Break it up

Get yo'self some committees! Erin Chidsey, nonprofit board whisperer and Funraise friend, recommends that every board have these three committees: Recruitment, Fundraising, and Finance. Break up the work and get it done faster. (We're partial to the Party Planning Committee, ourselves.)

Make it up

It's time you set some ground rules for your board members. If you don't have a plainly-written job description that your board members can refer to, draw one up now. No joke, this could be a game-changer for members of your board that are floundering without clear-cut direction.

Shake it up

Consider shedding some dead weight. Yes, we mean letting board members go. You may find that it's not necessary, but you won't know until you take a hard look at what your members are doing for your organization. If they're not bringing value to the table, ask yourself this tough question: "Why are they on the board?"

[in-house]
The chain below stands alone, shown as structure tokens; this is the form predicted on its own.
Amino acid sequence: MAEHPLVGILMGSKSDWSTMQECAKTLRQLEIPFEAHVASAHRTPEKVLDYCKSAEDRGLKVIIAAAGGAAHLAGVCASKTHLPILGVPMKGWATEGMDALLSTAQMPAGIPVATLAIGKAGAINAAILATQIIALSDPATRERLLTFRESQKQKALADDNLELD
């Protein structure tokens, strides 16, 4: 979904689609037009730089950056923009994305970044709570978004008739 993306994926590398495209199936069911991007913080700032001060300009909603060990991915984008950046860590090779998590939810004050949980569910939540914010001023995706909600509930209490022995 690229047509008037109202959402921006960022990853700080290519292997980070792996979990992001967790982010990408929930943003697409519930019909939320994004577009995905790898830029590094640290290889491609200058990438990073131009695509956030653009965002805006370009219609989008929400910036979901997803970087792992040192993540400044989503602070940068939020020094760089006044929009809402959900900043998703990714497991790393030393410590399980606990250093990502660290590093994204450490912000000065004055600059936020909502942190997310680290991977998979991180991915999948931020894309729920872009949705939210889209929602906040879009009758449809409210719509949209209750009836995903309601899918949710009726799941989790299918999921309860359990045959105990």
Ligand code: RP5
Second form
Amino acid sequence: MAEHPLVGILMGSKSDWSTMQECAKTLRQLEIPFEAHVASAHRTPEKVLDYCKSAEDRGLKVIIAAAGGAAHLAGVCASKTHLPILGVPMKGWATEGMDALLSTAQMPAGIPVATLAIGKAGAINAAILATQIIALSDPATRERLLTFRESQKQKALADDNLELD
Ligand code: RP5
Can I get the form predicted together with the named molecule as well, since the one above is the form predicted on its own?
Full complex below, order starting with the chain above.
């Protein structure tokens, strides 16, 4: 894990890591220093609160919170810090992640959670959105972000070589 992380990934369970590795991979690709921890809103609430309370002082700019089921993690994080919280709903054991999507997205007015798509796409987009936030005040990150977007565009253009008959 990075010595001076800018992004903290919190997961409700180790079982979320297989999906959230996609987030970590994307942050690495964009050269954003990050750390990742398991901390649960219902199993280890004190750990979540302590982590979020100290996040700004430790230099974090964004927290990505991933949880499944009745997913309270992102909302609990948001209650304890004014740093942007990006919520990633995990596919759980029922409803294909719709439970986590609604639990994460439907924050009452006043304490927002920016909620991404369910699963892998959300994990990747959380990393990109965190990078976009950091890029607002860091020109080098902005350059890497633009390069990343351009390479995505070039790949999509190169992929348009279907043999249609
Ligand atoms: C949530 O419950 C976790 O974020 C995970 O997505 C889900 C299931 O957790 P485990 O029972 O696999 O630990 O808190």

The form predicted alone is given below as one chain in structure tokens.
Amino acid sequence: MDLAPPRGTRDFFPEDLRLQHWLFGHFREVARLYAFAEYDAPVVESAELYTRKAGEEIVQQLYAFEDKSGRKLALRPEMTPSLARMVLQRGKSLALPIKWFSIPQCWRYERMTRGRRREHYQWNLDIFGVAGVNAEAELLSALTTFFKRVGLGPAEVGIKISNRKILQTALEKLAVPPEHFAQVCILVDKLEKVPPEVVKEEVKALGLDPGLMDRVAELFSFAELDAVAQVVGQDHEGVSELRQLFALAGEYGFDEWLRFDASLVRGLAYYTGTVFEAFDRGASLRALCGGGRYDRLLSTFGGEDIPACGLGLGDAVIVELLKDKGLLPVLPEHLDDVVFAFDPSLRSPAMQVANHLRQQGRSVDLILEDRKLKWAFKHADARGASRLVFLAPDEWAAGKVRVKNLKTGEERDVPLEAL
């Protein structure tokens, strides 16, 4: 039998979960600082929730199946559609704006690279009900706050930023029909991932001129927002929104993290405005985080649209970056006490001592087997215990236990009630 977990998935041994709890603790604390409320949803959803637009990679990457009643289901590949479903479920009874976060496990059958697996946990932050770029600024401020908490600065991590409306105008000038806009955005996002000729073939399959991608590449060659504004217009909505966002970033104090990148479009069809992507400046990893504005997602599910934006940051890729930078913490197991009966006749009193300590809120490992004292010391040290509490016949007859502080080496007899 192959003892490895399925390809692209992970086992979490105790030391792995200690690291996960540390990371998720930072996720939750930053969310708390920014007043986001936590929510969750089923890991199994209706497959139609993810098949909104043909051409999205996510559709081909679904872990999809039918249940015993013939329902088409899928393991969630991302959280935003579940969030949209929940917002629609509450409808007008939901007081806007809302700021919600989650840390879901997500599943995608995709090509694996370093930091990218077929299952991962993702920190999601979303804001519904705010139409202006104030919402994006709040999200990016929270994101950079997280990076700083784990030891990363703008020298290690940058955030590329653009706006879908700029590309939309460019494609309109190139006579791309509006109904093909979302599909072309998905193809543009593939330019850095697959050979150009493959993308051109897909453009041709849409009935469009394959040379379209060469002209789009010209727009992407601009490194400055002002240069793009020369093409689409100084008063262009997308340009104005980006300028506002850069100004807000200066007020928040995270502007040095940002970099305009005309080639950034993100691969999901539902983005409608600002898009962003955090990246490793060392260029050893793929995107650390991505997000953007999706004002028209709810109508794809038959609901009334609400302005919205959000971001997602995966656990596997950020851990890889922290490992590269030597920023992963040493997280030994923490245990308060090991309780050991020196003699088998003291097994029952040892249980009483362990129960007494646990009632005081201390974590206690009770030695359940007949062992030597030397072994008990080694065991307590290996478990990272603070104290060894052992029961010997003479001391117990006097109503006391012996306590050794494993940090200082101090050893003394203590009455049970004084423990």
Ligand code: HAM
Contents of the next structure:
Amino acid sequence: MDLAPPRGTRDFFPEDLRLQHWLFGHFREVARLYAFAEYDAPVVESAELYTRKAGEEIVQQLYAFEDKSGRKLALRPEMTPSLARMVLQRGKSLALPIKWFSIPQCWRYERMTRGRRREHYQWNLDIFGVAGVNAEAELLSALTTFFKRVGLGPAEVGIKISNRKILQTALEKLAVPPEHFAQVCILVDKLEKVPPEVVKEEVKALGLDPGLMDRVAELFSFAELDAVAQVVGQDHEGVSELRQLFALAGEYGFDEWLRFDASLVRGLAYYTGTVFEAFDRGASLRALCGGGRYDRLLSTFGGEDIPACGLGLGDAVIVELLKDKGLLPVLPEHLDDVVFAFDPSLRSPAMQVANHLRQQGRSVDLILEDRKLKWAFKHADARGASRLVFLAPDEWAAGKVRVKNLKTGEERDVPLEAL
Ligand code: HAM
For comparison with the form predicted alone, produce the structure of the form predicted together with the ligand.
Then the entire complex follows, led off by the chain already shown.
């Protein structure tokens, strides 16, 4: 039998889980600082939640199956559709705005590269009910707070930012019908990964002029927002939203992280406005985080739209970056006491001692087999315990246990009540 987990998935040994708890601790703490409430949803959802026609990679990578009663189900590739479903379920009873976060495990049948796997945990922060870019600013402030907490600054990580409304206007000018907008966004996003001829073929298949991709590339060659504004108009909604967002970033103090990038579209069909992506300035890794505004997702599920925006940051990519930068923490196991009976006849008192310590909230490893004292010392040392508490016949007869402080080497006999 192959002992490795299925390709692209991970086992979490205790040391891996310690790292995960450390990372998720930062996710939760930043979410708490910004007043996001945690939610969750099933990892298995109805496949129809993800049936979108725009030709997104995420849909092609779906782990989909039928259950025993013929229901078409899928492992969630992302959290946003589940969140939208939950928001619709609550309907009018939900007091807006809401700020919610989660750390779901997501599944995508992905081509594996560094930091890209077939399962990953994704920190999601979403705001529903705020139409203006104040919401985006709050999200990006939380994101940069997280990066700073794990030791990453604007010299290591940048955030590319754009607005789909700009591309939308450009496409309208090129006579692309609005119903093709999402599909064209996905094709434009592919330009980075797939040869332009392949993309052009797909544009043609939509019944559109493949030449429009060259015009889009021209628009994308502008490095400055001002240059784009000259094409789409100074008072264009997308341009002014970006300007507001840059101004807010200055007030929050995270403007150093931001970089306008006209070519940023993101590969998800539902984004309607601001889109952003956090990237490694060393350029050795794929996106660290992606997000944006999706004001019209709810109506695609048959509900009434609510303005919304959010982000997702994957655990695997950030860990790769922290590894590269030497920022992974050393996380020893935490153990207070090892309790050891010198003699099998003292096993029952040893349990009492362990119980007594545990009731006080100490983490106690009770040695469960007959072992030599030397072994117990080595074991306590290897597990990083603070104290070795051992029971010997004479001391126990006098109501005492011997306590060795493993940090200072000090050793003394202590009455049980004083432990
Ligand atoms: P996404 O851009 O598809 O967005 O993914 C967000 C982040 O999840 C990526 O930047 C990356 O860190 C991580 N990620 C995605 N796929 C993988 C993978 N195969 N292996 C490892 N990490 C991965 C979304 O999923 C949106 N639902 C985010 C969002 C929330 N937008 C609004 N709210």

Your organization deserves an army of dedicated, engaged board members. Today's the day you start enlisting the best supporters around.

Expand the board

Your organization deserves an army of dedicated, engaged board members. Remember that time like a minute ago when you wrote a board member job description? Send that bad boy to your new Recruitment committee and get them enlisting the best supporters around.

Bonus Tip! Get Funraise

Yeah, it's that good. Right now, you think of Funraise as a way to treat yo'self, but once you use it, it'll become an everyday necessity, just like elbow bedazzling.

Small-yet-Effective Improvements Nonprofits Can Make Today: A List to Share with Your Board

After you’ve moved toward a better nonprofit board, it’s time to delegate responsibility to board members. They play an important role in your nonprofit, so why not challenge them? By working with your board members to focus on planning, training, and commitment, everyone can get on track.

Commit to showing up and being prepared